Trinidad's Mother Cornhusk Feared
Oct. 12, 1999
MORUGA, Trinidad (AP) _ Lethargic from the heat, a monkey clings to a cage that shelters an unconcerned parrot, swaying in the torpid shade of the house at the end of the trail, enveloped by the dense Moruga Forest.
Even for rural Trinidad, the home of the ``obeah woman'' is far from anywhere.
Mother Cornhusk's house has no electricity. Not since St. Anthony _ patron saint of lost articles, barren women and gravediggers _ appeared in a dream and told her she must work by lantern light. Lighted candles float in water in the small upstairs room where she has been bedridden for 11 years, legs useless, fingers gnarled with arthritis.
Once she was the most feared woman in all of Trinidad because she wielded obeah _ black magic _ like none before. Only the legendary Papa Neiza came close, people say, and he's been dead at least 10 years.
Some believe Mother Cornhusk has died, too. When she was alive, they whisper, she was mighty with obeah (oh-BEE-ah), powerful and feared.
When this is mentioned, her sprightly, surpassingly smooth 83-year-old face loses its softness. Her lips barely move as she speaks: ``I am still feared.''
Moruga is in southern Trinidad, a fishing village where boats ride at anchor in the light swells and, on clear days, Venezuela is visible across the Columbus Channel. An aging, ornate Roman Catholic church is just steps from the beach, which is littered with the detritus of lives laboriously pulled from the sea.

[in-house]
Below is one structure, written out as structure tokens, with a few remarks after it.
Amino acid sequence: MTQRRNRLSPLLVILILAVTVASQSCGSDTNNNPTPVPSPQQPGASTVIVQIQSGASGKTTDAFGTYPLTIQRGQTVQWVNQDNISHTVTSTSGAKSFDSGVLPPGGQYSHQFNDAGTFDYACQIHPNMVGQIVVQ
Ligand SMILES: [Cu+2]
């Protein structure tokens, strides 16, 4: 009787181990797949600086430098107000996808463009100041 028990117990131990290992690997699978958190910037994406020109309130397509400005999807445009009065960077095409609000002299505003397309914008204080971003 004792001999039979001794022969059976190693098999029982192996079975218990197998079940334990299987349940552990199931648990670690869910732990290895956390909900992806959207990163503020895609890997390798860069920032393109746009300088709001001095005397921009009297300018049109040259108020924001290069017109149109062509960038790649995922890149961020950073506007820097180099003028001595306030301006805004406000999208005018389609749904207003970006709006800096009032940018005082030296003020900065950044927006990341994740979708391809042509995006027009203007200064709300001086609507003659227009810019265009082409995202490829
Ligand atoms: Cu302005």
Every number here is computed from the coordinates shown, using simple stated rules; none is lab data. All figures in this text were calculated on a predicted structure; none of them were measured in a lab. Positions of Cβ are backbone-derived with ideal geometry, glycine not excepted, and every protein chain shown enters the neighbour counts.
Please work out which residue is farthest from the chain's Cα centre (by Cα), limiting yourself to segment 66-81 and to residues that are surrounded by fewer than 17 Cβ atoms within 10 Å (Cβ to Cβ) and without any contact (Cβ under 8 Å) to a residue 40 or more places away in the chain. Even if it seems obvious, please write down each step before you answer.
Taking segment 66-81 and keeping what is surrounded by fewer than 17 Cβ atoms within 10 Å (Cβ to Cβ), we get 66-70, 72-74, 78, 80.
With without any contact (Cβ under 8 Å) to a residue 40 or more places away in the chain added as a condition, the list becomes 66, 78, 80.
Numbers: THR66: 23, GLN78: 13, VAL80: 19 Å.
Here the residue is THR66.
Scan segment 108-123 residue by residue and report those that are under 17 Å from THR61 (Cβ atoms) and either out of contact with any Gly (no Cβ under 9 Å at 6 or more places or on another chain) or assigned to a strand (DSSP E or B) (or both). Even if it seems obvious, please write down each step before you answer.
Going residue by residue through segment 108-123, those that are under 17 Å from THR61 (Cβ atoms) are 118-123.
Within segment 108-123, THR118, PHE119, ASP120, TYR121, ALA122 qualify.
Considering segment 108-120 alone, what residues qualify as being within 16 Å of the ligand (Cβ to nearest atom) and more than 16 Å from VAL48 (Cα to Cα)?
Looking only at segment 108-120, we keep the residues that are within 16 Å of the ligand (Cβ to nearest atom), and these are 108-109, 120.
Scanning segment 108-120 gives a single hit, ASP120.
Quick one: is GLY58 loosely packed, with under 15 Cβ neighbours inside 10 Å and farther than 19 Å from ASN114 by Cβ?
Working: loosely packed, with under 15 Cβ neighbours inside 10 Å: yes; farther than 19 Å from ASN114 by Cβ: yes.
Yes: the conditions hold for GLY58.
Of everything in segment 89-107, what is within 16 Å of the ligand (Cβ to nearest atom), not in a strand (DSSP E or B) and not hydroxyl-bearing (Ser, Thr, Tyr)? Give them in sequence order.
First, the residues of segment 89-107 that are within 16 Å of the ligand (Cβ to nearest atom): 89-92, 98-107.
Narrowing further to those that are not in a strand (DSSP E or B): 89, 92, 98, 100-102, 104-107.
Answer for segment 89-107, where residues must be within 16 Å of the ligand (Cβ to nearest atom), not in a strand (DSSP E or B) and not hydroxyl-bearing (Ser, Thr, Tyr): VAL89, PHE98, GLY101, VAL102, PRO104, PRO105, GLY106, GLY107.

The shadow of Mother Cornhusk falls over the little village.
``Very evil,'' says Feddie Suryanh, who's lived in Moruga all her 78 years. ``Very evil,'' she repeats.
``She do more harm than good,'' says another woman, very quietly. ``She help a lot of people. But just don't make her vexed.''
Like the others, she will not discuss the exact consequences of Mother Cornhusk's vexations.
Many people refuse to have their names associated publicly with obeah _ the dark side of the Orisha religion that slaves brought from the Yoruba tribe of Nigeria. It has evolved in the Caribbean and Latin America to encompass elements of Catholicism, Hinduism, Protestantism and the ancient Jewish mysticism of Kabbalah.
People fear being ridiculed about a practice that some might consider primitive. But there are at least 150 Orisha shrines in Trinidad and Tobago and ceremonies _ including animal blood sacrifices, spirit possessions, spells and incantations to a plethora of saints _ are held on a regular basis.
Mother Cornhusk says she moved to Trinidad from Grenada at age 7 and has been practicing obeah since St. Anthony came to her when she was a teen-ager. She has no more visions, but occasionally hears St. Benedict praying for her, she says.
She still receives visitors asking for help with finances, love affairs, revenge against enemies. They help her out by whatever means they can afford.
``When you come here on Sundays, it's packed with people,'' she boasts.
She mixes various potions from herbs she used to collect from the forest, a task that now falls to her granddaughter. Mother Cornhusk can't weigh more than 60 pounds _ the shape under the thin bedspread could be that of a child.
Finishing up with one visitor, she instructs the man to gather several exotic ingredients: kananga water, red and white lavender, and ``chiney wash.'' With them, she'll prepare a concoction for him to bathe in that will wash away his problem _ a woman who doesn't return his affection.
This is the sort of work she prefers now: helping people.
The darker side, she doesn't like discussing.
``They call it obeah,'' Mother Cornhusk says. ``I call it healing.''